The drama examines one Texas family through divorces, graduations, bowling outings and dinner-table confrontations — the flotsam and jetsam of ordinary life. »
- Brent Lang
Welcome to the latest episode of our official podcast, The Film Stage Show. This week, editor Nick Newman, writer Danny King, and I dive right into Richard Linklater‘s 12-year intimate epic Boyhood. After that, we take a look at the films coming to theaters and home video in the coming week, including Noah, Twin Peaks: The Entire Mystery, Guardians of the […] »
- Brian Roan
“Philip never really got to star in movies,” said Howard Cohen, president of the film’s distributor, Roadside Attractions. “He was always known as a utility player…There’s no question that part of the appeal is the idea of him giving a final, great performance.”
The adaptation of John le Carre’s novel debuted to $2.7 million on 361 screens last weekend, cracking into the box office top ten. Now Roadside and Lionsgate are preparing to double the number of screens this weekend to more than 700 in an effort to capitalize on the warm reception.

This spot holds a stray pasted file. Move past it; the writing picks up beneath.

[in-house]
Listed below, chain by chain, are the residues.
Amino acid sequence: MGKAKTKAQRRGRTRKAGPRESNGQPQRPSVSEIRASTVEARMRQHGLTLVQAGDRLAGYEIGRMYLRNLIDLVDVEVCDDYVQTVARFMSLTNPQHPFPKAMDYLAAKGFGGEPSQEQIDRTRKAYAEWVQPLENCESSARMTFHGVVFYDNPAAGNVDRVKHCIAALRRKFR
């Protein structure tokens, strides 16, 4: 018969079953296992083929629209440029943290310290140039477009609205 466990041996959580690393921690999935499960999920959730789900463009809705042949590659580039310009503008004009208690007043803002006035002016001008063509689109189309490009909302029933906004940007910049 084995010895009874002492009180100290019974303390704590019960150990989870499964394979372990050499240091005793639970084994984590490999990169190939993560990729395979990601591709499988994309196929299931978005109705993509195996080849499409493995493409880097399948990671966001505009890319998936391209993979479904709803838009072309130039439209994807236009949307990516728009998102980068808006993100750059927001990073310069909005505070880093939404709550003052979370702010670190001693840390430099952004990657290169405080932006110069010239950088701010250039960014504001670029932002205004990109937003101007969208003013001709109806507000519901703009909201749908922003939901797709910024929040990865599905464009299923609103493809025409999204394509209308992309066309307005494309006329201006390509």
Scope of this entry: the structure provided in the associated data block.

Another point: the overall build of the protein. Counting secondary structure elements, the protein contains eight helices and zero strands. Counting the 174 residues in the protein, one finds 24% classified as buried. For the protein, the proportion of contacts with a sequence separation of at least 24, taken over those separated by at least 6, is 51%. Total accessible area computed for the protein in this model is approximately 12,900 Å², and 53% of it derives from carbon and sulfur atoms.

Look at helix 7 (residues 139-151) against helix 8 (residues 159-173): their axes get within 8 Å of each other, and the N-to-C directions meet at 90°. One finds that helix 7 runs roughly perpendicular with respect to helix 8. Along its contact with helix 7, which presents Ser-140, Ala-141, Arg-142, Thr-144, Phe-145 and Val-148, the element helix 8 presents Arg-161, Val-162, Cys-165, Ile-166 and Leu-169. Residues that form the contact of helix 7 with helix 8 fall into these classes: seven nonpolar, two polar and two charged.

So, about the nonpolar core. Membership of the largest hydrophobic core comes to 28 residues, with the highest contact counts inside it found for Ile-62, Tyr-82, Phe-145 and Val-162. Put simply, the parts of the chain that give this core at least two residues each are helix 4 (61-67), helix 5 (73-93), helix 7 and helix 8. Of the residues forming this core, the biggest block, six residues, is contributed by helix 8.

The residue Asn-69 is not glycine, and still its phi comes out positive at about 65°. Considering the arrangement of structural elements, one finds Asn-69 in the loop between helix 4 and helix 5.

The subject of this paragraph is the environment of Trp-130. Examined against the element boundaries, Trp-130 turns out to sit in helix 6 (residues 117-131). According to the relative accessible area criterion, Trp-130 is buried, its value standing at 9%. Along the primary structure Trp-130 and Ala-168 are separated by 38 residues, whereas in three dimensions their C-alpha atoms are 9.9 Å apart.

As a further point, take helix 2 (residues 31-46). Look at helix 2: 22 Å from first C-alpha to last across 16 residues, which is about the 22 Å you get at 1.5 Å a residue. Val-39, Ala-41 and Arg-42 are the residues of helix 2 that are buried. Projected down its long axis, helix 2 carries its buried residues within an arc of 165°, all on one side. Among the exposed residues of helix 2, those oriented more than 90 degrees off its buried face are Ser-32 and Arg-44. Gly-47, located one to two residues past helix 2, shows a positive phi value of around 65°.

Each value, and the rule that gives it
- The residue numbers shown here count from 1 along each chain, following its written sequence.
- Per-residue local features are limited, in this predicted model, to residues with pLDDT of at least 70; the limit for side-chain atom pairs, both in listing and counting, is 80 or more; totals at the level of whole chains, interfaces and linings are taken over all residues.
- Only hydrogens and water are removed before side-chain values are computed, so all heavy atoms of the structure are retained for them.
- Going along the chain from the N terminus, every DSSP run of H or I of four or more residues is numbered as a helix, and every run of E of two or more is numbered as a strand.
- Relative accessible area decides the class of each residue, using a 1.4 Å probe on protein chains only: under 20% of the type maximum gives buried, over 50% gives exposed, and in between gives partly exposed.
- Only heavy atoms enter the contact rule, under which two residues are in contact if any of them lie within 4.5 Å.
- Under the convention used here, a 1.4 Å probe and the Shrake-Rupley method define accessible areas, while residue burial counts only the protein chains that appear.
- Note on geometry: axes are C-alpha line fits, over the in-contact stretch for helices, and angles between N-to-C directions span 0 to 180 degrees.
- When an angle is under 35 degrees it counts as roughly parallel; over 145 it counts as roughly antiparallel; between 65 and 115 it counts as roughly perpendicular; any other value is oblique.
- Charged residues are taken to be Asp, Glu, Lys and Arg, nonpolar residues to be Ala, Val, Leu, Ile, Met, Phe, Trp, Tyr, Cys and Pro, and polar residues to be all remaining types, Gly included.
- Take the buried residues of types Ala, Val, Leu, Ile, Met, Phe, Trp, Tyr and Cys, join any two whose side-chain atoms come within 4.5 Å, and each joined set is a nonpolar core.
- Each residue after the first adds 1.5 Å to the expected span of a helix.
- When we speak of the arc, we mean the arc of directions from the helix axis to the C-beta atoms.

- Brent Lang
Richard Linklater's "Boyhood" added more screens this weekend and currently finds itself in 107 theaters nationwide. With a per-screen average of around $16,000, the weekend gross was north of $1.7 million, bringing the overall tally to over $4.1 million to date. As it continues to find its audience, the film is obviously a long play for IFC Films, and the prospect of awards recognition lurks, as ever, just over the horizon. Can "Boyhood" be a significant player in the Oscar season for a company that has never really made awards a part of its overall business model? Better yet, if the answer is yes, could it become a significant threat in a season that may well end up a lackluster one when all is said and done? There are a lot of possibilities here, and plenty of questions, for what is easily one of the most unique films in the 2014 marketplace. I hopped »
- Kristopher Tapley
David, Devindra, and Jeff discuss Richard Linklater’s latest cinematic achievement, Boyhood. You can always e-mail us at slashfilmcast(At)gmail(Dot)com, or call and leave a voicemail at 781-583-1993. Also, like us on Facebook! Download or Play Now in your Browser: Subscribe to the /Filmcast: Shownotes Boyhood (00:05) Boyhood (28:30) Spoilers Credits Our music sometimes comes from the work […]